Life in Korea 한국 Teaching in Korea

Week Ending on 4/28 Update

A recap of the week after my last post. I received a lot of feedback and I myself learned that it is a process. Thinking back on when I started teaching at the elementary school and had help I realize I was expected to teach right away. I had no idea what the kids names were and I had no way of managing the class . Each home room teacher that came had their own rules or classroom chants and I went along with them. Two weeks later 3 out of the 5 home room teachers stopped coming to the English room with their classes.  Which left me with no rules, no management, and no name chart. Had I known things would end up this way, I would have implemented rules on day one. So now I am left fumbling along and trying to pick up the ball after dropping it. Yes, I dropped it. Being a new teacher this is part of the learning curve.

So I started from square one and decided on Thursday that I would not be teaching English that day. No, we would be making name tags. Some kids took the entire 40 minutes to decorate their name tags others took 20 minutes. So the ones who finished early received a blank piece of paper and I told them to draw. Just draw anything you like.  This kept the other kids somewhat busy while the others finished. Although I collected the name tags so that I can write down their names and implement a system for rewards, they want them back the next class. I still have two more classes at the elementary school to make name tags with. I’m excited to do that with them this coming Tuesday.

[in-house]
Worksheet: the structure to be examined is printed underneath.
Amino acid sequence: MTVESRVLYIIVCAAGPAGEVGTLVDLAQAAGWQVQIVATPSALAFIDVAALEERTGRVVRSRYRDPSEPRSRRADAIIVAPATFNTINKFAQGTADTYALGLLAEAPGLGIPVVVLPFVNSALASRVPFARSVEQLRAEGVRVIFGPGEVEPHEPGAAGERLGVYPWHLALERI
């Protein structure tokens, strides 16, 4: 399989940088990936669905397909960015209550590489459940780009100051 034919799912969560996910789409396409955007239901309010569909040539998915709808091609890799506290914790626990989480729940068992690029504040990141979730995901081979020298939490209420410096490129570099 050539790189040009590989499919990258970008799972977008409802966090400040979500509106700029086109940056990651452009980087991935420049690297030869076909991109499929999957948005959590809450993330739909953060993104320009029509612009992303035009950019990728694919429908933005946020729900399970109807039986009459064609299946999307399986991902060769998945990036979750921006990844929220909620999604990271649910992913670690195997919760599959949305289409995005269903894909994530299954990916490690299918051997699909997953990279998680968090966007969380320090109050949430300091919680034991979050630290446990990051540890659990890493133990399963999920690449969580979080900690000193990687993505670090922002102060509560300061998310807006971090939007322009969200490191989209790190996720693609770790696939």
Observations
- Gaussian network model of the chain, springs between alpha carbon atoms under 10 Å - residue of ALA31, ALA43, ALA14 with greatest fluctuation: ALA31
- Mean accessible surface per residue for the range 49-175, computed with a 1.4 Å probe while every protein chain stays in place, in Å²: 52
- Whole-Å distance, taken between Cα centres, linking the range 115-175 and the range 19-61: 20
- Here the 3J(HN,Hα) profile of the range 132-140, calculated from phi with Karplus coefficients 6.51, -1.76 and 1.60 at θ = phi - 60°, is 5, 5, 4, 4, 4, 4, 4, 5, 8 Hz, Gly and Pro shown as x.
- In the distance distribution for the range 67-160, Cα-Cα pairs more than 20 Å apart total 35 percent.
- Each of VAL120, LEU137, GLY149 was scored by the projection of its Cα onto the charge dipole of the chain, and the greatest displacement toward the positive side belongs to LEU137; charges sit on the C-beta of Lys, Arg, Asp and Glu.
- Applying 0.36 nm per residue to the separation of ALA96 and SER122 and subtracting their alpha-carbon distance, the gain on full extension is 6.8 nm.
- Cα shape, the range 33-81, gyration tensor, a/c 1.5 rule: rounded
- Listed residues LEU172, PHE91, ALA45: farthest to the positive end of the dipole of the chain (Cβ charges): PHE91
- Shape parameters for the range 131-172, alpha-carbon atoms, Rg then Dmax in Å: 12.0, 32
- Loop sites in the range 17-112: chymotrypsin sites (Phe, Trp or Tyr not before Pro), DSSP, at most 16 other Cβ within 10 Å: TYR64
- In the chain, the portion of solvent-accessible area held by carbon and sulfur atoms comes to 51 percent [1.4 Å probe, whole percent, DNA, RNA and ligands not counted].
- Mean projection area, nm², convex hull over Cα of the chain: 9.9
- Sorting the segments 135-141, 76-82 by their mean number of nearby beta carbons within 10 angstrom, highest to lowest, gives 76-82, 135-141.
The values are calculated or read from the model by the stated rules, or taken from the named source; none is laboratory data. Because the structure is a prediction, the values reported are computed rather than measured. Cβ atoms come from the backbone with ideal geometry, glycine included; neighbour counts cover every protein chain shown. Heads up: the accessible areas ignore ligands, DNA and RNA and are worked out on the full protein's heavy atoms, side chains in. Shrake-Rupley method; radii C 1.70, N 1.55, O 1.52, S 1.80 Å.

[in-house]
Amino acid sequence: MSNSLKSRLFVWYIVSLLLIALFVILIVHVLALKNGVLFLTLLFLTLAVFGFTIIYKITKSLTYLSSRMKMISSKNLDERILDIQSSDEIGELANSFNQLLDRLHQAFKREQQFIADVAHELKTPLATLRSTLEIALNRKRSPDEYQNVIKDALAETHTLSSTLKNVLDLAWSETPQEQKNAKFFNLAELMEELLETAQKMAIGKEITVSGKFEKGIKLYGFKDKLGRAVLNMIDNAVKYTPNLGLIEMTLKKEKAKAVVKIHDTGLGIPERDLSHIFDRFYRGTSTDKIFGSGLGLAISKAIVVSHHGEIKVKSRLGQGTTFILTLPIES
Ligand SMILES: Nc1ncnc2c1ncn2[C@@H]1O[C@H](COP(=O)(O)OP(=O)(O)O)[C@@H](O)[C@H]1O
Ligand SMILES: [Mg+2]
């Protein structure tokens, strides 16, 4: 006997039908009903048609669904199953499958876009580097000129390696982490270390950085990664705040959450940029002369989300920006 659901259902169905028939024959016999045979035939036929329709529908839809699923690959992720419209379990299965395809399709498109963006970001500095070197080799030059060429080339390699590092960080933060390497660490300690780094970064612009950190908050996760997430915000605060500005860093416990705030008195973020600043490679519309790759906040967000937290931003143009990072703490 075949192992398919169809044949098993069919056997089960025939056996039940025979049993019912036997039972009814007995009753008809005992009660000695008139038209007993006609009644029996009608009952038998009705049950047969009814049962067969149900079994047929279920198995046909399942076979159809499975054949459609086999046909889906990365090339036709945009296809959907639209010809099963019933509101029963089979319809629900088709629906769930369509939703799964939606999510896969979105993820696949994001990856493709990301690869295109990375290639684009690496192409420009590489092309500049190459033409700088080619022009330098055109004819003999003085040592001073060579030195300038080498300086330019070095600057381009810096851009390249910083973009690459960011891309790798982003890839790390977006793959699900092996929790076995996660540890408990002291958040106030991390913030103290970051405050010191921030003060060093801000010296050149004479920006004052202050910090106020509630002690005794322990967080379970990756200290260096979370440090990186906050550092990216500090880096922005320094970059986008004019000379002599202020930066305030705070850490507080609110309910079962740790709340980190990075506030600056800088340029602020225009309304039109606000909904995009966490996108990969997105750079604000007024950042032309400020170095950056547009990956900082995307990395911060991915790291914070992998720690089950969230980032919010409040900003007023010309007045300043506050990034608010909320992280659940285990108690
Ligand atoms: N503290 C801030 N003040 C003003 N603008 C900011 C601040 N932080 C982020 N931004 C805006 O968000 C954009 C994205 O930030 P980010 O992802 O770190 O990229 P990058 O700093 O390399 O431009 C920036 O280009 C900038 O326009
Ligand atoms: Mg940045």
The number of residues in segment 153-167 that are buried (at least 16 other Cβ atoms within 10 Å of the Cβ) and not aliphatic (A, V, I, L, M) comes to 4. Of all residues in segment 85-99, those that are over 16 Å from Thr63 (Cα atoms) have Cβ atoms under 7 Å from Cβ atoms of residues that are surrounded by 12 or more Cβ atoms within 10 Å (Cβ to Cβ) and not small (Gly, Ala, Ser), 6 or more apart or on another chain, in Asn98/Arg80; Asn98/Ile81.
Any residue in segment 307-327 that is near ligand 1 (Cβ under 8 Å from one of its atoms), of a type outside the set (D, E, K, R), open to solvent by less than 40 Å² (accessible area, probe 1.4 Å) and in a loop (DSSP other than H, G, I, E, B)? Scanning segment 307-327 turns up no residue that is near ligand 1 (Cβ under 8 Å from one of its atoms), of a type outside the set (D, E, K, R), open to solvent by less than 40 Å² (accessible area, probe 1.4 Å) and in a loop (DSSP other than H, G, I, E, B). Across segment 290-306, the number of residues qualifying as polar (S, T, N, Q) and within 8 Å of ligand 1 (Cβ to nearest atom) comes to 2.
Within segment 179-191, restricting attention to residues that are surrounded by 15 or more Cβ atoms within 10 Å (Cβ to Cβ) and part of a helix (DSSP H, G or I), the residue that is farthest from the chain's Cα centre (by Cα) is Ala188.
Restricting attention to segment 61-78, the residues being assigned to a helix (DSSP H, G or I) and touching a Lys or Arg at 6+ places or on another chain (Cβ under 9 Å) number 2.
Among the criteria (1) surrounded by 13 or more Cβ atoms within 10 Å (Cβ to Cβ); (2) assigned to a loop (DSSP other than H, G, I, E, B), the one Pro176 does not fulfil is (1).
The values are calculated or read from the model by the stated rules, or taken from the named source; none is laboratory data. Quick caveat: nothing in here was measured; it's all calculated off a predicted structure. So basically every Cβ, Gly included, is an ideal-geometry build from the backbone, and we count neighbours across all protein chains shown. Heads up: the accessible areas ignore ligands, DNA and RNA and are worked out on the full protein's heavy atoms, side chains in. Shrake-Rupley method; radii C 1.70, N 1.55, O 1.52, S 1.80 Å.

Wednesday and Thursday are my after school classes. The Wednesday class changes every week, so I am always seeing different students. I always come up blank as to what to teach the kids. Part of me wants to be relaxed and have fun and at the same time I know I should probably be teaching them something educational.  So, I have been handing out blank pieces of paper and asking what they want to learn in class.

The number one answer: games.  Not surprised by that in the least. My classes end at 5 p.m. on Wednesday and Thursday. I don’t want to be in the classroom anymore than the students. To me, it seems like they are suffocating from school. Why school days are so long, I will never understand.

What came out of this was a refreshed feeling. Like I can stand and keep trying. I will make mistakes as I go, but they won’t kill me, or send me packing home.  This is a powerful message and I taught my classes on Friday at my middle school and was ready for a relaxing weekend. For once, I had nothing planned. All I knew was I needed to clean my apartment, do some laundry, and  find the ingredients to make rice krispie treats.  I successfully finished the first two on the list. The ingredients are still elusive.